The authors of "Talent Force: A New Manifesto for the Human Side of Business" suggest five ways that senior managers can contribute to their organization's talent goals.
In their book Talent Force: A New Manifesto for the Human Side of Business, Rusty Rueff and Hank Stringer write that companies need to hold senior managers accountable for the talent partnership and measure their participation and contributions.
The authors suggest five ways that senior managers can contribute to their organization's talent goals:
Plan vigorously. Senior managers should partner with the talent leader and hiring managers in their division to create a written plan for how they will meet your current and long-term talent needs. Planning for the talent agenda should be as thorough and as vigorous as any other planning in the company (for instance, strategic, annual operating, material, and financial planning).
Be accessible. Senior managers should schedule regular meetings with their talent organization counterpart and be available and responsive when the talent leader contacts them. All senior managers should be accessible to meet prospective talent anywhere and anytime.
Sell. With a plan in place, senior managers are responsible for "selling" the plan within their division. How will the talent plan help the division succeed? How should people participate? How will they be measured and rewarded for their participation? Senior managers need to emphasize the importance of [talent] and back up their words with concrete plans and metrics. They also need to always wear their "selling shoes" when talking and meeting with prospective talent. If a hiring manager or other employee cannot sell his own company to a candidate, then leave that person off of the interview or meeting schedule.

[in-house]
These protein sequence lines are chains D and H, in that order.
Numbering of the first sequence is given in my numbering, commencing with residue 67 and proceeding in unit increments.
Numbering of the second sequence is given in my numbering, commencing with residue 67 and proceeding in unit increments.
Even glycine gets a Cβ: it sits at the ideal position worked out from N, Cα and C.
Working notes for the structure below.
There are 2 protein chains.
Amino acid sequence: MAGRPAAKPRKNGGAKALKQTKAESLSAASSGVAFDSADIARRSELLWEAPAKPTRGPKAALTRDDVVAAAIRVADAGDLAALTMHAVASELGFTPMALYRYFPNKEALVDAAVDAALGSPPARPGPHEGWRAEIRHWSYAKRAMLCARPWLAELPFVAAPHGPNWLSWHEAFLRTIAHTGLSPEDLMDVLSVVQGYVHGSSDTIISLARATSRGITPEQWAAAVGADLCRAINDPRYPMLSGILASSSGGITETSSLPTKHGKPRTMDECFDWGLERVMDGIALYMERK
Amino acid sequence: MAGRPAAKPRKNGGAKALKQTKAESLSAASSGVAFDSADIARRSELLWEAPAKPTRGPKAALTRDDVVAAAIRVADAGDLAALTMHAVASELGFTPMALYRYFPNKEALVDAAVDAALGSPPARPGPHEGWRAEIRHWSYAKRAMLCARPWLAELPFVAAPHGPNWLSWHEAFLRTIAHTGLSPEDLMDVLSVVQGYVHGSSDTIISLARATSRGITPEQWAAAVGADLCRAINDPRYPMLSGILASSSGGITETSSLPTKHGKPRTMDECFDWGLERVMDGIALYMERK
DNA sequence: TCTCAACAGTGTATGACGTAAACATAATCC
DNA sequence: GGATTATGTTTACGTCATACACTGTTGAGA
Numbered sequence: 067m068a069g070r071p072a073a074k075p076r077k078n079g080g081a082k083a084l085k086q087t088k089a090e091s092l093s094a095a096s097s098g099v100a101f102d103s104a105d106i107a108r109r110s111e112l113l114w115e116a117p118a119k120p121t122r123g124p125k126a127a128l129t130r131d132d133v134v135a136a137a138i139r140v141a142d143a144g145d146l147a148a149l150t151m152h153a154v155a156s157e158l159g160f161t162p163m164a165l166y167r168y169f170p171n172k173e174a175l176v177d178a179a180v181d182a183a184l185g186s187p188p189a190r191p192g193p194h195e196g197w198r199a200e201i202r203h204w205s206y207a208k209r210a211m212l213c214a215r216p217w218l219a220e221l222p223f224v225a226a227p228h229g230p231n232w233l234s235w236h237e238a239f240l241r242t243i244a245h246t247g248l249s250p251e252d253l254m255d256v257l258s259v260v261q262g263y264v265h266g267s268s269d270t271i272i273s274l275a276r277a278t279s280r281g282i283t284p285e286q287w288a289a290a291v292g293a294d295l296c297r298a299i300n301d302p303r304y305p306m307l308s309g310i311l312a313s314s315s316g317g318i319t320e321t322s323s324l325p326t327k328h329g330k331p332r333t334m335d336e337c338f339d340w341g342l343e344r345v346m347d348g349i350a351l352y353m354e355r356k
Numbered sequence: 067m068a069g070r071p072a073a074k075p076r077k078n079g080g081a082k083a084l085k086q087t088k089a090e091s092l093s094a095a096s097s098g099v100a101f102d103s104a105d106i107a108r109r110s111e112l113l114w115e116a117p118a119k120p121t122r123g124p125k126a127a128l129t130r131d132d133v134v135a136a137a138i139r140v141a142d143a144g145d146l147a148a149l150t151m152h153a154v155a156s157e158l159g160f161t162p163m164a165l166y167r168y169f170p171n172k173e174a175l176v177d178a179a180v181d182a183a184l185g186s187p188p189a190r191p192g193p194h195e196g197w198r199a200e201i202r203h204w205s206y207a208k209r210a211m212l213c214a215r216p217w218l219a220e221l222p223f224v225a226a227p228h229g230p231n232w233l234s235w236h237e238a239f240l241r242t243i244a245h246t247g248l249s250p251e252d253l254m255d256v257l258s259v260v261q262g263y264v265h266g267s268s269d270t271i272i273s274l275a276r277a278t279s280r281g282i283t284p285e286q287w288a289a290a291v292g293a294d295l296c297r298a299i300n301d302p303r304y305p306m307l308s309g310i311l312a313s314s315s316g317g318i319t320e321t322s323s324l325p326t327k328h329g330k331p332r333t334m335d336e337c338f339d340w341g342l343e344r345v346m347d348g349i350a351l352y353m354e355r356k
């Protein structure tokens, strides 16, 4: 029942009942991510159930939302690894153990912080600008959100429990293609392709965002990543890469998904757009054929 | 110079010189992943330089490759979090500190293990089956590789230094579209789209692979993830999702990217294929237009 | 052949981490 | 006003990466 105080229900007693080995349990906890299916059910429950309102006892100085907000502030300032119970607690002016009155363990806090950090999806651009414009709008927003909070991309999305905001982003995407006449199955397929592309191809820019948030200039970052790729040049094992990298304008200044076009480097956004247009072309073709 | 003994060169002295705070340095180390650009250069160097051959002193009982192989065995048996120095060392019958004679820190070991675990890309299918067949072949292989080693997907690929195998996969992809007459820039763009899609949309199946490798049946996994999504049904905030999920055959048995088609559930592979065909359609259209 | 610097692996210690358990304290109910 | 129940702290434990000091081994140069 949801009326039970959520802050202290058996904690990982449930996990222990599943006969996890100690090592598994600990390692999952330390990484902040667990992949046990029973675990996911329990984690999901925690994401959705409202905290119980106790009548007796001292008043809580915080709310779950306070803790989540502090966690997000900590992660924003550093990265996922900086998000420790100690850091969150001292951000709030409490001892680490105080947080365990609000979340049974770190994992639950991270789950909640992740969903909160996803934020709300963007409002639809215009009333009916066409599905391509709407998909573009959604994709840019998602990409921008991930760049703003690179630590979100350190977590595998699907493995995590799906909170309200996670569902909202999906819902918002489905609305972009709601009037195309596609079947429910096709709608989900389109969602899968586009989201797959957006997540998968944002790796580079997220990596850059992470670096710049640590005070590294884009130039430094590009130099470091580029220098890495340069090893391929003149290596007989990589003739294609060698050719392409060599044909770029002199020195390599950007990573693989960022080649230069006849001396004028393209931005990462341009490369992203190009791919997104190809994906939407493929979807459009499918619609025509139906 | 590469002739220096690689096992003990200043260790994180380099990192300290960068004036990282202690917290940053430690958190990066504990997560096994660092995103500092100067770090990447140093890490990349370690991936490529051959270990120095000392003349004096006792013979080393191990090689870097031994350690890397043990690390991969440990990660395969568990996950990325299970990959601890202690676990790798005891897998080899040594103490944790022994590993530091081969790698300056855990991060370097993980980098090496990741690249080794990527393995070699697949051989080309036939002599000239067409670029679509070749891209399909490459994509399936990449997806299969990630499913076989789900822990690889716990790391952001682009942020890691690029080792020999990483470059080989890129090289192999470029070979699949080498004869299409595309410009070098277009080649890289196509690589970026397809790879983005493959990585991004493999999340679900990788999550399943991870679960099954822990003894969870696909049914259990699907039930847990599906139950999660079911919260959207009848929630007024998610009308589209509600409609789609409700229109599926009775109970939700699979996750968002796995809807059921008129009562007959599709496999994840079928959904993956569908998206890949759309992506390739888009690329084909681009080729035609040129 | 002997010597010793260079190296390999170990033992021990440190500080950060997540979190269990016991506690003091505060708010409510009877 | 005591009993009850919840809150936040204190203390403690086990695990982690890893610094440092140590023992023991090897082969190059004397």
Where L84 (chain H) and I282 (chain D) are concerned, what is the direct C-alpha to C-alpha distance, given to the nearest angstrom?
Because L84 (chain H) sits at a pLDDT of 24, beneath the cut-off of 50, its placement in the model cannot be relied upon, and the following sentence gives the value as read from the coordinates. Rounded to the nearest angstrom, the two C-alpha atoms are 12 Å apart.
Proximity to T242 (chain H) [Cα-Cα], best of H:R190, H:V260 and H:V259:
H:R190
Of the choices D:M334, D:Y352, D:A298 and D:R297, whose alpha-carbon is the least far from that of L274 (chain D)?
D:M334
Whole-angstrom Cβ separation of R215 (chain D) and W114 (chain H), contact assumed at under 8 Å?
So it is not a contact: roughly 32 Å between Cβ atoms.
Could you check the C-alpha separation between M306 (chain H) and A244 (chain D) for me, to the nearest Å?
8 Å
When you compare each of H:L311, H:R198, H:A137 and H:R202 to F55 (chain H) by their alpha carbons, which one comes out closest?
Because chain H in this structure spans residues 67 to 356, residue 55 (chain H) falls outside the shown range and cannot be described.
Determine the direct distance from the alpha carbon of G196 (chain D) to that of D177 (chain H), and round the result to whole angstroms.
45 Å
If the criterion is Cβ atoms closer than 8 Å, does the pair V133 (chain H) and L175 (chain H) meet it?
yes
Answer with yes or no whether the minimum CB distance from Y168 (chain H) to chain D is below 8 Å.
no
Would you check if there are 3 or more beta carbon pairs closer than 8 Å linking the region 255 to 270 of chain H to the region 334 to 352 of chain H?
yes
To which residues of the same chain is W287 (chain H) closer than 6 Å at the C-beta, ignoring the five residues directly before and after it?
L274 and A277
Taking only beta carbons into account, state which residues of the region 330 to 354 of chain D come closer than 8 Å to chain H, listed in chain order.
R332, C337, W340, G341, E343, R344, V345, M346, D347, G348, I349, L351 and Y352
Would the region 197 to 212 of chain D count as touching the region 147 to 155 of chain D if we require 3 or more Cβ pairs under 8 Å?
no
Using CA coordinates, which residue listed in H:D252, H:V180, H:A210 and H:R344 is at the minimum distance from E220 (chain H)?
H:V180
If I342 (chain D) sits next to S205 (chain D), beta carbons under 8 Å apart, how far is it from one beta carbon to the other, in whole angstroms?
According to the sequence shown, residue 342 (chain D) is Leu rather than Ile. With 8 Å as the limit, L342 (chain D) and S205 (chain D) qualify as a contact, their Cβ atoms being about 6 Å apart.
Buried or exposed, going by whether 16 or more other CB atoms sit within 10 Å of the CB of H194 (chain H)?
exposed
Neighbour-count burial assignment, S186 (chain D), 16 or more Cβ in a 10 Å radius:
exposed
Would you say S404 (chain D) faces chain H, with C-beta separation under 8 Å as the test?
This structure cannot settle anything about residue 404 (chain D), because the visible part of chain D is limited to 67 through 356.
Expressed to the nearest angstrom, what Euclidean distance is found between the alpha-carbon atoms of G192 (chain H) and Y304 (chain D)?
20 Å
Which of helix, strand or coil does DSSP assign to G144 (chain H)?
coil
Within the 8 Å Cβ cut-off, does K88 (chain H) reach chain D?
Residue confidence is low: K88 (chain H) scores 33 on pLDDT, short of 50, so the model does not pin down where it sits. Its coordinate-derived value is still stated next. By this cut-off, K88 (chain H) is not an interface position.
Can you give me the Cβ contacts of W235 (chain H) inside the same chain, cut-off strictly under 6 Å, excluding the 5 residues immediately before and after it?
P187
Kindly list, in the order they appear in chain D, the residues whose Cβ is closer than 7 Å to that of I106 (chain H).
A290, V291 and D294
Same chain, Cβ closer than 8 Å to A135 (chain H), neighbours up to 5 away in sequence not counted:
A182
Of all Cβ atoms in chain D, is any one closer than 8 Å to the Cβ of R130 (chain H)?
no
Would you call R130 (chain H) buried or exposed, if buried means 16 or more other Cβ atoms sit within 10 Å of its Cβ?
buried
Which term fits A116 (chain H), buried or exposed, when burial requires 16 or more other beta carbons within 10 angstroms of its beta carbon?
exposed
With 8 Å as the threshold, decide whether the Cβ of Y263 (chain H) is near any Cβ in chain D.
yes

Benchmarking. Know how effective your talent efforts are today and continue to measure these efforts using the metrics outlined next to gauge your efforts over time. Are they working? Also, continuously benchmark internal and external talent. The grass is hardly as green on the other side as you want to believe. Still, knowing who is out there, what they are doing, and how your internal talent stacks up is an essential element of strategic talent planning.
Make movement happen. Don't let open positions stagnate while hiring managers churn through reams of resumes from unqualified candidates. ... Put the time and resources behind this framework to make it happen in your organization. And be willing to open up positions and make churn happen within the organization to accommodate new candidates and grow existing talent. Keeping the place moving will add the extra adrenaline needed for all talent to see a future in front of them in the current organization.
Source: Talent Force: A New Manifesto for the Human Side of Business (Pearson/Prentice Hall, 2006).